Hong Kong must be diligent in building partnerships with other theaters, museums, galleries, public libraries, and sports stadiums in the Greater Bay Area. The more, the merrier. Such partnerships can bring us fresh perspectives, elevate our thinking, and embrace a more diverse audience. These will benefit our overall position in the global culture, sports, and tourism landscape.
“Culture+” that encourages the development of new business models in the cultural industry is a notion that is worth promoting. Crossovers between culture and sports, tourism, technology, media, film, fashion and gastronomy can enrich consumers’ experience and create new products. A facilitative government can lead the way for individuals and companies to raise competitiveness in the creative industry.
Despite the pandemic, Hong Kong overtook London to become the world’s second-largest market for contemporary fine arts auctions with a share of 23.2 percent by value, according to a report from art market analysis firm ArtTactic. Many new transaction records of well-known local artworks were witnessed in Hong Kong. Art Basel made a spectacular return to the city with galleries and art lovers from around the globe. I am optimistic the art scene has rosy prospects to be the world’s top art market, and Hong Kong can consider the repurposing of obsolete industrial buildings for high-end fine art storage business.
With “Sports for All” as an overarching theme, we should encourage more systematic development of sports as an industry, in addition to the government’s existing push for promoting sports in the community, supporting elite sports development, and promoting Hong Kong as a center for major international sports events. Co-hosting the National Games 2025 with Guangdong province and Macao is a wonderful chance to upgrade Hong Kong into an international professional services center for sports and tourism.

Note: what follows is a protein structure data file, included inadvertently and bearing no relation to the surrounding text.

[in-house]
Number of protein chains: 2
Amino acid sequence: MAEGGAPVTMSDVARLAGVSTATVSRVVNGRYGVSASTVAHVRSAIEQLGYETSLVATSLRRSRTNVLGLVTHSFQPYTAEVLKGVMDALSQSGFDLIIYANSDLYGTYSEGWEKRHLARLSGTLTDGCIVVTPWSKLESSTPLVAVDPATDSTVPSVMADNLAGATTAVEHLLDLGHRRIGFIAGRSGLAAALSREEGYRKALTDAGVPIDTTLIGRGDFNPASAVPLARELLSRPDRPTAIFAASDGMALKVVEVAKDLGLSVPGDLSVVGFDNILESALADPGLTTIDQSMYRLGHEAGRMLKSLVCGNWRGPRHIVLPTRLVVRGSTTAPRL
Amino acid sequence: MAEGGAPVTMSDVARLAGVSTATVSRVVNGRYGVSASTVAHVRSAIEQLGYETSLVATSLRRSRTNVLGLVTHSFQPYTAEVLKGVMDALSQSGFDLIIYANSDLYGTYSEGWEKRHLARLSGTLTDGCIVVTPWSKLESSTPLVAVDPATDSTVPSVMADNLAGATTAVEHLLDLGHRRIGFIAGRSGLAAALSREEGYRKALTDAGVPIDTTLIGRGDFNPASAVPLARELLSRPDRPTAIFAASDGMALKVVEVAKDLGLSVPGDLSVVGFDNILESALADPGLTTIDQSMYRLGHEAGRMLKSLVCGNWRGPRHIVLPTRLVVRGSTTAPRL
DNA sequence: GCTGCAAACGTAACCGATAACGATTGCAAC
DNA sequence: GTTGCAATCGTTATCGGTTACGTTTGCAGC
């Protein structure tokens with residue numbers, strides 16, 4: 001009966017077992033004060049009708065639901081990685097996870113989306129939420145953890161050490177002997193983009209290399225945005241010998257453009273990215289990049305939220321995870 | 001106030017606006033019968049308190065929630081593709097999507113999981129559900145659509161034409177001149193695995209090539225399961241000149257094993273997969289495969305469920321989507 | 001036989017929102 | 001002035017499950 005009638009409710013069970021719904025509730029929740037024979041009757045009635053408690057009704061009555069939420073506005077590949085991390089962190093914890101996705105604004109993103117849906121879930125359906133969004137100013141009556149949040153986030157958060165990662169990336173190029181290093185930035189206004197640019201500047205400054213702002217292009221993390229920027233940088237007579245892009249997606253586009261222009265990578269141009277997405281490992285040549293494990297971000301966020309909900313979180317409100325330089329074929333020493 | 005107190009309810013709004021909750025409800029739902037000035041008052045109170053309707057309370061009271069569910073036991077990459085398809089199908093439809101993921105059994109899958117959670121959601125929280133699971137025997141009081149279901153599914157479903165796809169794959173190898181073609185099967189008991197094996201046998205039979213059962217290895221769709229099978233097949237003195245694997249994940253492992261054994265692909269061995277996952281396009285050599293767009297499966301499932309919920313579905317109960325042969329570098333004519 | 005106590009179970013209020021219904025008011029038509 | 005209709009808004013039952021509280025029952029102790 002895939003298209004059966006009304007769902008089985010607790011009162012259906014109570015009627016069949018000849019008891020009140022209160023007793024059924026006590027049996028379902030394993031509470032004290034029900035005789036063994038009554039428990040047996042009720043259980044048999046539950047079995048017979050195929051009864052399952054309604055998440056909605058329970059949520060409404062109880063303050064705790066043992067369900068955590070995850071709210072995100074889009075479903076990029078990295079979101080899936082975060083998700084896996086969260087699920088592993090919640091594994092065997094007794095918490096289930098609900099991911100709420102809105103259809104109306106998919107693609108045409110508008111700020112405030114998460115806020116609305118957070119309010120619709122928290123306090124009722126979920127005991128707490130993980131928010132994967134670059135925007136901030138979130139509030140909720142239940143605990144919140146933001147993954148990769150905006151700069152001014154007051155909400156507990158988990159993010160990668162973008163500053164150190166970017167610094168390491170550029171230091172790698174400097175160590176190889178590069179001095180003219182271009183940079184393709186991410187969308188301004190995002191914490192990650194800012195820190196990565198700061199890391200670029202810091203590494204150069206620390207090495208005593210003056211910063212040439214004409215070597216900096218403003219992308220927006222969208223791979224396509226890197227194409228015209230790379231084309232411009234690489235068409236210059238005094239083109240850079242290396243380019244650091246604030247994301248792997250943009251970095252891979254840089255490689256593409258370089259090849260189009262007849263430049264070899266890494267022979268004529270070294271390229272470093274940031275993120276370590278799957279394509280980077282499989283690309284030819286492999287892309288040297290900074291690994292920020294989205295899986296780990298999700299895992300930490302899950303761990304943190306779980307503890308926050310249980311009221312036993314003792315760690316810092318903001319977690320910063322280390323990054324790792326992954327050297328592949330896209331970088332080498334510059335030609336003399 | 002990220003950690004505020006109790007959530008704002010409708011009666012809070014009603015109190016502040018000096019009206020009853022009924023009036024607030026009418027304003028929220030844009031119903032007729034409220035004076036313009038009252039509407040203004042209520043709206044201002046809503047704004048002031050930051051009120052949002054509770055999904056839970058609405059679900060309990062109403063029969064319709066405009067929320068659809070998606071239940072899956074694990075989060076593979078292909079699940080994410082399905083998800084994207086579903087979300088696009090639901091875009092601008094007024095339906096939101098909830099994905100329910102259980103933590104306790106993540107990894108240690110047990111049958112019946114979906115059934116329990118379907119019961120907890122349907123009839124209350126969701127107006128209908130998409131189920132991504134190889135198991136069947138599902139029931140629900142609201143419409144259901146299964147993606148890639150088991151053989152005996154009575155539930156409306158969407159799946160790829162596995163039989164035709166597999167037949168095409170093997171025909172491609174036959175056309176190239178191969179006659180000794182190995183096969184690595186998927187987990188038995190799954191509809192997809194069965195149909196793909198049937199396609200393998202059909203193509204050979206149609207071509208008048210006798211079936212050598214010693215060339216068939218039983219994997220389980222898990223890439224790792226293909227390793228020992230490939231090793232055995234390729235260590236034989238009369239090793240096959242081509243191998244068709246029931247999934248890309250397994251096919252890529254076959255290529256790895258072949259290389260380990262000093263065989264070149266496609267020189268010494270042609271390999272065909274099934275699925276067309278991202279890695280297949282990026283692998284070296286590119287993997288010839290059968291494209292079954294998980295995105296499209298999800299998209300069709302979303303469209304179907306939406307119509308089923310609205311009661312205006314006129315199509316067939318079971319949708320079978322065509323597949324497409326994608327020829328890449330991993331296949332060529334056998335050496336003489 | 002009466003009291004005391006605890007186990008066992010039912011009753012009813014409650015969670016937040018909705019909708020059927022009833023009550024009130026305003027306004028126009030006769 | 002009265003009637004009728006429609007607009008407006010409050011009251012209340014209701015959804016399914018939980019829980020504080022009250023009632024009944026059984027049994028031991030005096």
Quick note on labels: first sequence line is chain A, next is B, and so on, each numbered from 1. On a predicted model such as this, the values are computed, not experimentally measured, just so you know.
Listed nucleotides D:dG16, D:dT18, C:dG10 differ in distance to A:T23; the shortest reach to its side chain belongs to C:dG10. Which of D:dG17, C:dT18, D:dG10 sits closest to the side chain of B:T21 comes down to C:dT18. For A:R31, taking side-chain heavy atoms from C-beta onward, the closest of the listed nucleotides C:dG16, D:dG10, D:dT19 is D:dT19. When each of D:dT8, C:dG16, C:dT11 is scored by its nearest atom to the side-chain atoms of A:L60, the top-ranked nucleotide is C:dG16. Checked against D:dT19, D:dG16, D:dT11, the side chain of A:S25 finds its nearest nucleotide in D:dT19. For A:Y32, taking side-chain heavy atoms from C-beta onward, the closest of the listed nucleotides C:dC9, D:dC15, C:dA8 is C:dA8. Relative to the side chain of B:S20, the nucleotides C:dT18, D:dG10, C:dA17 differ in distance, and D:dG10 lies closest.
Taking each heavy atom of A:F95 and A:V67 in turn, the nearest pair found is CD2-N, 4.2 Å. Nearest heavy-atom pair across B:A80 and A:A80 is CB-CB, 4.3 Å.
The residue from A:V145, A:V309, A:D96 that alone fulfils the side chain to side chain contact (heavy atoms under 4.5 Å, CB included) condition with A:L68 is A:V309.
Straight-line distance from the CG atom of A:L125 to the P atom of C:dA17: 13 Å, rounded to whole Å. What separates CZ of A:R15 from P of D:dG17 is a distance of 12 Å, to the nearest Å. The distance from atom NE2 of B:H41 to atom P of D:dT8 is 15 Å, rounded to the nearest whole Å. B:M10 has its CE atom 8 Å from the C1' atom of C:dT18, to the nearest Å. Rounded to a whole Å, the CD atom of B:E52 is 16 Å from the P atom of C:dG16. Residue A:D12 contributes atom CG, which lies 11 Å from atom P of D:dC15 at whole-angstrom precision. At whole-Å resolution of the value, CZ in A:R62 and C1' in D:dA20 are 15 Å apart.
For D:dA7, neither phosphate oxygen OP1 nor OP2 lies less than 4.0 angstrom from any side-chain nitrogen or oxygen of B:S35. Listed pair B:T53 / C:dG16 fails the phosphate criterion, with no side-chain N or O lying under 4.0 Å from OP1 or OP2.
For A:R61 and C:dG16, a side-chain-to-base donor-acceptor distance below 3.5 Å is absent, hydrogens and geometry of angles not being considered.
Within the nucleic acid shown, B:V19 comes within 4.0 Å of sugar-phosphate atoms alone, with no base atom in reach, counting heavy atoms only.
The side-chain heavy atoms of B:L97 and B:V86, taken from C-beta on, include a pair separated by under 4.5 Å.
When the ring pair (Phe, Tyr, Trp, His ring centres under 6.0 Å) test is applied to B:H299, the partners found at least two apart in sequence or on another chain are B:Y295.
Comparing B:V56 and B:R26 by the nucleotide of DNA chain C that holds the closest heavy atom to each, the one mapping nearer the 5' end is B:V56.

By extending our advantages of a business-friendly environment, a credible legal system and the brand-new mega infrastructure at Kai Tak Sports Park, Hong Kong is well positioned to provide higher value-added services in the areas of sports businesses, sports brands, sports intellectual properties, sports science and data management, sports litigation, sports media, and sports philanthropy. In the long run, young people in Hong Kong are likely the greatest beneficiaries from growth of these industries.
Finally, Hong Kong is in need of a suitable content creation and dissemination strategy to tell the China story more effectively and contribute to our country’s soft power. In my view, the West Kowloon Cultural District and Kai Tak Sports Park can be ideal platforms. A simple brainstorm would bring ideas; for instance, gathering the top artists and scholars in China and other countries to an annual “International Cultural Summit” in Hong Kong for cross-cultural dialogue, or curating real-life episodes that can exhibit our country in multiple dimensions through “Telling the China Story” media production.
On the sports front, the government should mobilize private sector companies to co-organize world-class competition events and bring in additional high-quality sports resources. Title sponsorship and branding collaboration are some common means to increase funding for sports and build a complete ecosystem. Other content to attract millennials includes thematic travel experiences to explore the natural scenery of Hong Kong or the historical architecture with hybrid Chinese and Western characteristics.
The right content strategy is accompanied by targeting the right audiences. Our government should utilize different channels to disseminate content to different audience. RTHK and other local television channels should source local and international high-quality cultural programs and sports events for domestic households in Hong Kong.
The government’s offices on the mainland should learn to use social media wisely, such as WeChat public accounts, Douyin and Weibo, and invite key opinion leaders to promote Hong Kong as an arts and cultural center between the East and West. Similarly, the government should build a stronger presence on Twitter, YouTube, and with the assistance of the economic and trade offices in foreign cities, develop more productive media relations that can generate international attention.
These are my immediate responses to Lam’s Policy Address in the areas of culture, sports, and tourism. Going forward, I look forward to exchanging views on the establishment of this important bureau and look forward to exchanging views with stakeholders in the sectors.
The author is a board member of the Chinese Association of Hong Kong and Macao Studies.
The views do not necessarily reflect those of China Daily.